The Key To Fitness After Age 40: Part II

The Key to Fitness After Age 40: Cardio, diet, lifting…

Welcome back for Part II of “The Key To Fitness After Age 40” (if you missed Part I check it out here). Michael Spitzer is back to help break down why fat loss starts in the kitchen and the 3 part weight control process – some amazing, actionable advice!

What’s the Key to Fitness?

Fat Loss Starts In The Kitchen, Not In The Gym

Diet more than anything determines weight control. Why do I say this?

Think about this example for a minute…

A typical package of snack crackers contains 210-250 calories. It would take a large man 25-30 minutes of fast walking on a steeply inclined treadmill to “burn” those same 210 calories.

A pound of fat equals roughly 3,500 calories. This means 3,500 calories is a “magical” number when it comes to losing a pound of body fat. If you think of your body like a checking account, you need to withdrawal 3,500 calories from your body’s fat bank before you will lose a pound of undesired bodyweight.

There are only two ways to create this deficit of calories that will allow your body to shed excess pounds. You must either expend more energy to burn those 3,500 calories or reduce calorie consumption enough to deplete surplus glycogen and force your body to pull from its fat reserves for energy.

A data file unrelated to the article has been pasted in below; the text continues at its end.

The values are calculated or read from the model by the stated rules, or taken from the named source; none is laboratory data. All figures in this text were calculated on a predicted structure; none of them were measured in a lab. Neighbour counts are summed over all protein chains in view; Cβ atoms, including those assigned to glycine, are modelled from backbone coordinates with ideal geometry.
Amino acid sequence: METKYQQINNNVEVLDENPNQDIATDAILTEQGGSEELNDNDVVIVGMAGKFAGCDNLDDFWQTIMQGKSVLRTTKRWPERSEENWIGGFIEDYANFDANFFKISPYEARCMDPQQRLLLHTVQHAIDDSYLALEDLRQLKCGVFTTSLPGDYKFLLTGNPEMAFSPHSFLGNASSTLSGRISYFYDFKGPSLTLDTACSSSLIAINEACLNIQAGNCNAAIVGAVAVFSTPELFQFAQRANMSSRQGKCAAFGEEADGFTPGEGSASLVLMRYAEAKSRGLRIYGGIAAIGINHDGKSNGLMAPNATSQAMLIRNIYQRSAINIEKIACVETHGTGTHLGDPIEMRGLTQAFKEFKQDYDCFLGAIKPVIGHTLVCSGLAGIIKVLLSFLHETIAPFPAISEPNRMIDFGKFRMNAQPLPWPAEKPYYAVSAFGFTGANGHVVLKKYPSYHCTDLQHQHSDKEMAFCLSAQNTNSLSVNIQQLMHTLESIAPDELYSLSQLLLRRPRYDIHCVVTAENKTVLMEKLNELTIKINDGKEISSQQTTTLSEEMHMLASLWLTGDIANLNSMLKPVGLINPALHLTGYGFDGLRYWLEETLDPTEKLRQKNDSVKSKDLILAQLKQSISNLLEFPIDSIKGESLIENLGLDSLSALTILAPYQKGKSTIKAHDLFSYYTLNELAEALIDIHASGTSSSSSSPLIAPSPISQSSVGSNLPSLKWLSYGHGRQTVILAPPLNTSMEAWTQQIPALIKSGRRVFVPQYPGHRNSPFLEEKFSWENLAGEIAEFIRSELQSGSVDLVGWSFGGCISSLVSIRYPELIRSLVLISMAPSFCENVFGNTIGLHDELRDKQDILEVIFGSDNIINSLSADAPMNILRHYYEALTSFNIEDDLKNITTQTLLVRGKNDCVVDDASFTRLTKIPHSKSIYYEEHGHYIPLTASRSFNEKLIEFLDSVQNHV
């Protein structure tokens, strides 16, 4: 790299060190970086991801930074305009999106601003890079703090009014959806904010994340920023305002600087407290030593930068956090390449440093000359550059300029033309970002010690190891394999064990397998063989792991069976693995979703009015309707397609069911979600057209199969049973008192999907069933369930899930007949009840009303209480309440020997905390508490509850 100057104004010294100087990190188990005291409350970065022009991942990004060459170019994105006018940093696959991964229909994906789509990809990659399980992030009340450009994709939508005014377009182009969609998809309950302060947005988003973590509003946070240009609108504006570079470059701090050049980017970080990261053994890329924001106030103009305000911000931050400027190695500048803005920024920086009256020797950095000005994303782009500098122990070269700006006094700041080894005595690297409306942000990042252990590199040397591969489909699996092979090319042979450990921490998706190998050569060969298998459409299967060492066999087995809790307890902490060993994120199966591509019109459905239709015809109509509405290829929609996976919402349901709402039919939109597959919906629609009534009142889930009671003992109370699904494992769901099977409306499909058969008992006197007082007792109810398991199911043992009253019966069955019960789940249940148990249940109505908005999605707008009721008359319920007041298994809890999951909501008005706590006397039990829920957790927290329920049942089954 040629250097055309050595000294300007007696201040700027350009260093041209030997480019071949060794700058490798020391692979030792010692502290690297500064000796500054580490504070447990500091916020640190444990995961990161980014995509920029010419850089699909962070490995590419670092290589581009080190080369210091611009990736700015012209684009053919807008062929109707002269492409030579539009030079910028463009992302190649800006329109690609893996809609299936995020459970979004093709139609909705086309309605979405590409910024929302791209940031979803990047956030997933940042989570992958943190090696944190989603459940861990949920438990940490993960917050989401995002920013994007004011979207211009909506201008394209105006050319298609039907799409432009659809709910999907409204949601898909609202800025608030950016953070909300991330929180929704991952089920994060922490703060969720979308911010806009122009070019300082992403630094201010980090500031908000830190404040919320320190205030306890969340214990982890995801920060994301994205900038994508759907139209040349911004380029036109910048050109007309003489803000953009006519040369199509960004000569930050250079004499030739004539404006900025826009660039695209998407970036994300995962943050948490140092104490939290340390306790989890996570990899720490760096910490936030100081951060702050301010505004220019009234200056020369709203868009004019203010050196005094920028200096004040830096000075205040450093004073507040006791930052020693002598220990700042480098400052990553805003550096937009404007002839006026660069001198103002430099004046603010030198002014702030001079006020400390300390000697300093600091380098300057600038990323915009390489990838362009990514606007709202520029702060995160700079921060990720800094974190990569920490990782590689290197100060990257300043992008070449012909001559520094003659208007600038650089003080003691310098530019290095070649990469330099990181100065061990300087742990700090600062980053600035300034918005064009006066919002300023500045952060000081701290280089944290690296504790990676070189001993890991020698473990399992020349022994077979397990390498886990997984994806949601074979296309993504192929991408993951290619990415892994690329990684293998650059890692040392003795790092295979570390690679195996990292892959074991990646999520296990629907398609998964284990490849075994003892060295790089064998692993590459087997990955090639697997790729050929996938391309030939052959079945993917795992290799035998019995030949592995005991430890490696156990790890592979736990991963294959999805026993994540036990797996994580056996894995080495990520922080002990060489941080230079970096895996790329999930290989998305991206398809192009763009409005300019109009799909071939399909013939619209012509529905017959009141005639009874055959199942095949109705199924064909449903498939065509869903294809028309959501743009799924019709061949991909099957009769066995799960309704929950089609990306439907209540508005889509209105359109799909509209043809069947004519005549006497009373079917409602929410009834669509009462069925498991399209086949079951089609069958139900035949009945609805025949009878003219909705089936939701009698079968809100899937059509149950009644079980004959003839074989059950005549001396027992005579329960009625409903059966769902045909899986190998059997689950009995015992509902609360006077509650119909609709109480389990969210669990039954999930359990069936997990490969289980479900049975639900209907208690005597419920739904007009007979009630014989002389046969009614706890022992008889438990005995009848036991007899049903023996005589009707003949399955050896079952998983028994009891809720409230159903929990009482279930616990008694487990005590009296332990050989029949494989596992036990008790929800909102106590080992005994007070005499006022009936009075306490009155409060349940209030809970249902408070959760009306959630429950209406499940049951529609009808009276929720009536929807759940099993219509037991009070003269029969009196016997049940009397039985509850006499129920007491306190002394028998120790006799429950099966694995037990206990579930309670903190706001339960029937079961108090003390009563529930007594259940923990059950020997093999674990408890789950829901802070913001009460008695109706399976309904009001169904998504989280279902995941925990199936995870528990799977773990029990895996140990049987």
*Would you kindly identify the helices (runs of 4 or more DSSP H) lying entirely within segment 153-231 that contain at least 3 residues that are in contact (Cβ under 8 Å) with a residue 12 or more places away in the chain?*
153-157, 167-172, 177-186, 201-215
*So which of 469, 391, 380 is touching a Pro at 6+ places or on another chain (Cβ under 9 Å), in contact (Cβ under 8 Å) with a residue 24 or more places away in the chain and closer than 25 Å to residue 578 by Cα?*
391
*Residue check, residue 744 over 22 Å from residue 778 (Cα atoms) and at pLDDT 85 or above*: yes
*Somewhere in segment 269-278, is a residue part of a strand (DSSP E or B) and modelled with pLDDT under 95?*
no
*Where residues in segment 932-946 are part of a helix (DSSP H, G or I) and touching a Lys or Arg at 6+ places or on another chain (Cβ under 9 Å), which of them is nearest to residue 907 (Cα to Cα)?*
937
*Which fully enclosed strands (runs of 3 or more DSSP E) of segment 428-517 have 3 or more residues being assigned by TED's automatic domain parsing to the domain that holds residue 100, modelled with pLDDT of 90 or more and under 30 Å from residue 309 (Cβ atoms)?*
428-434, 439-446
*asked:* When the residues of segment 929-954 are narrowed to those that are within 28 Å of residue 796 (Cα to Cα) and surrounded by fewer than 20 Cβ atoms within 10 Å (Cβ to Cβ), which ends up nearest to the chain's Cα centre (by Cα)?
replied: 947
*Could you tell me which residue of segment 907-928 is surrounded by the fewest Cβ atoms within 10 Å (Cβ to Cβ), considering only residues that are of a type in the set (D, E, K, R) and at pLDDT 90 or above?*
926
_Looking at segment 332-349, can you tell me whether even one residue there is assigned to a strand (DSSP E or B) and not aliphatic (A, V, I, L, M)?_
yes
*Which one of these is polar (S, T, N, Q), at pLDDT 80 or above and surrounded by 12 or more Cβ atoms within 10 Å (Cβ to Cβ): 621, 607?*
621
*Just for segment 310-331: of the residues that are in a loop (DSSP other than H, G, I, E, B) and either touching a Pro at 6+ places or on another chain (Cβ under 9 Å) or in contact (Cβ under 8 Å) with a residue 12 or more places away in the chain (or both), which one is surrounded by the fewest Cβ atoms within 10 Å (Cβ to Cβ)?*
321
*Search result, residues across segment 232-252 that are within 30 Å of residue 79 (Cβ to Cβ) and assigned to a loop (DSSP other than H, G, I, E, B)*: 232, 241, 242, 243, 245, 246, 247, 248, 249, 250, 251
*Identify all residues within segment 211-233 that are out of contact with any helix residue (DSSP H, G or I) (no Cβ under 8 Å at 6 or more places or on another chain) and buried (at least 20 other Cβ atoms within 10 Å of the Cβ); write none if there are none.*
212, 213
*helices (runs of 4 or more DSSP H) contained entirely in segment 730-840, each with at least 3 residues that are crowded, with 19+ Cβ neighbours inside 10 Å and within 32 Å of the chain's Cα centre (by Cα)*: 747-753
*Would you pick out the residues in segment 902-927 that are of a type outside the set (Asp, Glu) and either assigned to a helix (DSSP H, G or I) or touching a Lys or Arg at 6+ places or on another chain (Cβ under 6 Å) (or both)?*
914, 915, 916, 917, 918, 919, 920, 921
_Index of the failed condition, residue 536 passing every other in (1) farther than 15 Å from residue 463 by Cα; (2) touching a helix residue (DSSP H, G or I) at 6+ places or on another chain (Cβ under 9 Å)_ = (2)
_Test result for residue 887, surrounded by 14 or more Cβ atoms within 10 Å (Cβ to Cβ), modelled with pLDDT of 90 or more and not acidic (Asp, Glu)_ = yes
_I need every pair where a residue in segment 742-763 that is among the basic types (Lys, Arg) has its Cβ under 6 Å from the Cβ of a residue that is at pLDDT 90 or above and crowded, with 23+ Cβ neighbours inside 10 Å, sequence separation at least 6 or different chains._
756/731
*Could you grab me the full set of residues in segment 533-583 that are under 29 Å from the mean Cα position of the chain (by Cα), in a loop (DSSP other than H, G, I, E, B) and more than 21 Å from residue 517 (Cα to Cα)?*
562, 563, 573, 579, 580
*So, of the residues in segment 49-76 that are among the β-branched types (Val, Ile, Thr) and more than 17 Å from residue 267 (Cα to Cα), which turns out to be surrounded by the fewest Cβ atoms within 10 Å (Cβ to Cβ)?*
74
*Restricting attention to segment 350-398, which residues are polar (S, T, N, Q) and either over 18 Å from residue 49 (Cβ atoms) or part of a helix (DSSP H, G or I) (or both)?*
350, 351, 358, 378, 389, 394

3,500 calories might seem like a lot, but if you spread it out over a week, it amounts to a reduction of only 500 calories per day.

Let’s compare the option of slightly reducing calorie consumption each day to that of trying to “burn off” excess calories while continuing our same food consumption.

The list below shows the calories typically burned for a variety of physical activities…

Activity Calories Expended Per Hour
Climbing 400-900
Cycling 250-700
Dancing 200-400
Golf 300
High-Intensity Cardio 600-1100
Running 800-1000 (depending on speed)
Sawing Wood Logs 420
Skating 300-700
Skiing 600-700
Soccer 550
Swimming 300-700 (depending on the stroke)
Walking (slowly) 115
Walking (briskly) 565
Walking (treadmill) 700-800 (with incline and brisk pace)
Weight Training 600

Knowing we need to create a deficit of 3,500 calories in order to burn and lose a single pound of body fat, the question is raised…

“Is it easier to eat 500 less calories per day for a week, or saw wood logs for over eight (8) hours to lose 1.0 pound of fat?”

Often in life, there is no single solution for any problem.

womanWe often find a combination of factors that work to help us achieve the desired goal. This synergy is also at work when it comes to our health and weight control goals.

To be certain, weight resistance training and cardiovascular exercise burn calories and help with weight loss, but a smart diet is a more effective factor.

The combination of both physical activity and diet is that much better.

To a large degree, our advocacy for weight resistance training is more focused on helping us maintain strength, flexibility, and mobility. There is of course the weight control benefit of burning calories and enhancing our Basal Metabolic Rate. But as we see from the chart above, it takes six (6) hours of weight training to equal the fat loss realized from a 500 calorie reduction in our daily diet.